OK, I’m going to make a clear prediction: Barack Obama is gonna win. I should add that, when Gordon Brown was 10 points down in 2010, I predicted he’d be the next PM: that the disastrous Tory campaign would fail to convince people. When Ken was a mile behind, I was confidently asserting that he would be the next mayor – that differential turnouts would swing it for him. It seems I have a knack for nearly being right. That’s a spin doctor’s way of saying ‘wrong’.

With that in mind, here’s the thing about Obama – and the lesson we learnt from Boris.

People think young people backed Obama because he is radical. I wish that was so. The conventional wisdom is that tens of thousands of young people turned out for him because, like them, he is a raging lefty who wanted to completely transform America. The truth surely more that American young people, whilst to the left of their parents, certainly aren’t the socialists that Fox News would make them out to be. Nope. Like so many people in London, many of them backed Obama not because he is a communist, but because he is cool. Whilst campaigning in local elections last week, I met Oxford students who were voting Green in Oxford and Boris in London – they liked our policies and his hair. OK, Barack doesn’t have ridiculous hair, but he can – in a Youtube clip watched almost as many times as his 2008 DNC nomination acceptance speech – shoot a three pointer at the first attempt:

and whilst they say that you campaign in poetry but govern in prose, he’s taken of late to campaigning in song:

There’s a reasonable case to be made that his mocking of Donald Trump at the 2011 Whitehouse Correspondent’s Dinner ended The Donald’s political career:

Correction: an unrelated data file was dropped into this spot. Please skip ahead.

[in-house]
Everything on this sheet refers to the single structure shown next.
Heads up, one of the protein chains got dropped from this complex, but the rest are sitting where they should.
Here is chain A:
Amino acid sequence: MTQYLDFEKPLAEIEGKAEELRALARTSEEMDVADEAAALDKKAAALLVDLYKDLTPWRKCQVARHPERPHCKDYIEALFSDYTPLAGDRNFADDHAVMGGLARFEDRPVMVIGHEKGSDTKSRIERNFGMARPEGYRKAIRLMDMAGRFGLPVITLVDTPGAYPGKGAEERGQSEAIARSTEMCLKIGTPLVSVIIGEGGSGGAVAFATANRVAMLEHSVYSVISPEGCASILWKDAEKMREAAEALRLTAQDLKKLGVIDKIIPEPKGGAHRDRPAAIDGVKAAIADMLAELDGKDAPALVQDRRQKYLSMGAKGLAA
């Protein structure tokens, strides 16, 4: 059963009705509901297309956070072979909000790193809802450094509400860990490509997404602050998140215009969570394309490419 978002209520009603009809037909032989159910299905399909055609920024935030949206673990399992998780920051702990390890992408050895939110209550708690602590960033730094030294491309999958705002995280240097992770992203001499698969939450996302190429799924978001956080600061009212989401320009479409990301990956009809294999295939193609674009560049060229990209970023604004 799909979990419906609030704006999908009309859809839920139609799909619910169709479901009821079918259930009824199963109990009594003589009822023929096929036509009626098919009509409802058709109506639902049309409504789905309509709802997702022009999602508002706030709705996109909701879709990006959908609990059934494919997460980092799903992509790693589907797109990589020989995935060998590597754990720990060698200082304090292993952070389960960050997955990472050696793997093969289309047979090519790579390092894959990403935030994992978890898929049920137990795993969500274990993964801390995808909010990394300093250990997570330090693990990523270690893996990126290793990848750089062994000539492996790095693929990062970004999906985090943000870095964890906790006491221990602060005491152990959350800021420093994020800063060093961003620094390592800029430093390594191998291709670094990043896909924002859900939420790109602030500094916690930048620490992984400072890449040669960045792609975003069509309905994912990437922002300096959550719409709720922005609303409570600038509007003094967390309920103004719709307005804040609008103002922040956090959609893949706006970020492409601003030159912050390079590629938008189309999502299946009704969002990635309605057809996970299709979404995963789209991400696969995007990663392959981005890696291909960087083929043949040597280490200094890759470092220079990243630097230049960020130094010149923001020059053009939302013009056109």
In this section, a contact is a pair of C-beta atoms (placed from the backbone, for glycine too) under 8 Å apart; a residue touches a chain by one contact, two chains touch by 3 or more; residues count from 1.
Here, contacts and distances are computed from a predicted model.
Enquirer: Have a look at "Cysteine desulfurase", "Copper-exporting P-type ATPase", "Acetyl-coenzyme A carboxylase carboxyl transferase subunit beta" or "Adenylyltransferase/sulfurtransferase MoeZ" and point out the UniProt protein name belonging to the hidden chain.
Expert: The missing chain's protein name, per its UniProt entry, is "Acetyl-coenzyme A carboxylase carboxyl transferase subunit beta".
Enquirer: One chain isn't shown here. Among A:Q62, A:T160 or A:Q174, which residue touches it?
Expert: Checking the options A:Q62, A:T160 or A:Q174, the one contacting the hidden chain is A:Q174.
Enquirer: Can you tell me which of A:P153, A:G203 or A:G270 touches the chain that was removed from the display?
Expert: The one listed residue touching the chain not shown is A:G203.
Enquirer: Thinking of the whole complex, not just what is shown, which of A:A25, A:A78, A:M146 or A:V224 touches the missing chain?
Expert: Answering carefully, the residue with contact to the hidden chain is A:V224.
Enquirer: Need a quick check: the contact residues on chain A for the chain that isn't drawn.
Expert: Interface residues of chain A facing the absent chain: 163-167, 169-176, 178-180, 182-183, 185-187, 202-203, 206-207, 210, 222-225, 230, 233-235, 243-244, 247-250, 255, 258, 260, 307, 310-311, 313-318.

Similarly, can you imagine Romney giving this year’s speech?:

Here’s my point: once all the major decisions which directly impact on people’s lives are outsourced to corporate monopolies, then personality does begin to matter. Usually, politicians fit so neatly into the stereotypical ‘middle aged man’ category that they are indistinguishable. Other than that, you get a couple of other plastercasts – ‘intense young politician’ ‘charismatic front person’. But occasionally, someone breaks through that mould. And when people do, they are usually loved. Boris is, alas, just such a person. And so is Obama: he can do the charisma, the inspiring speech. But there is much more to him than that, and that humour and that sense of humanity help make him much less vulnerable: how can you hate a guy who makes you laugh? Compare him to the dull as shitty lager Romney, and you begin with a clear head-start: if 2% of voters stump for the cooler candidate, then the boring one has to make that up elsewhere.

Of course, none of this is to say that there isn’t a significant group of people who will vote on policy issues. There are lots of other reasons to believe Obama will win again, but we have months to go through those. But in the week that Boris Johnson won London mayor, it’s worth reflecting that, in the run for the Whitehouse, Obama has the LOL factor on his side.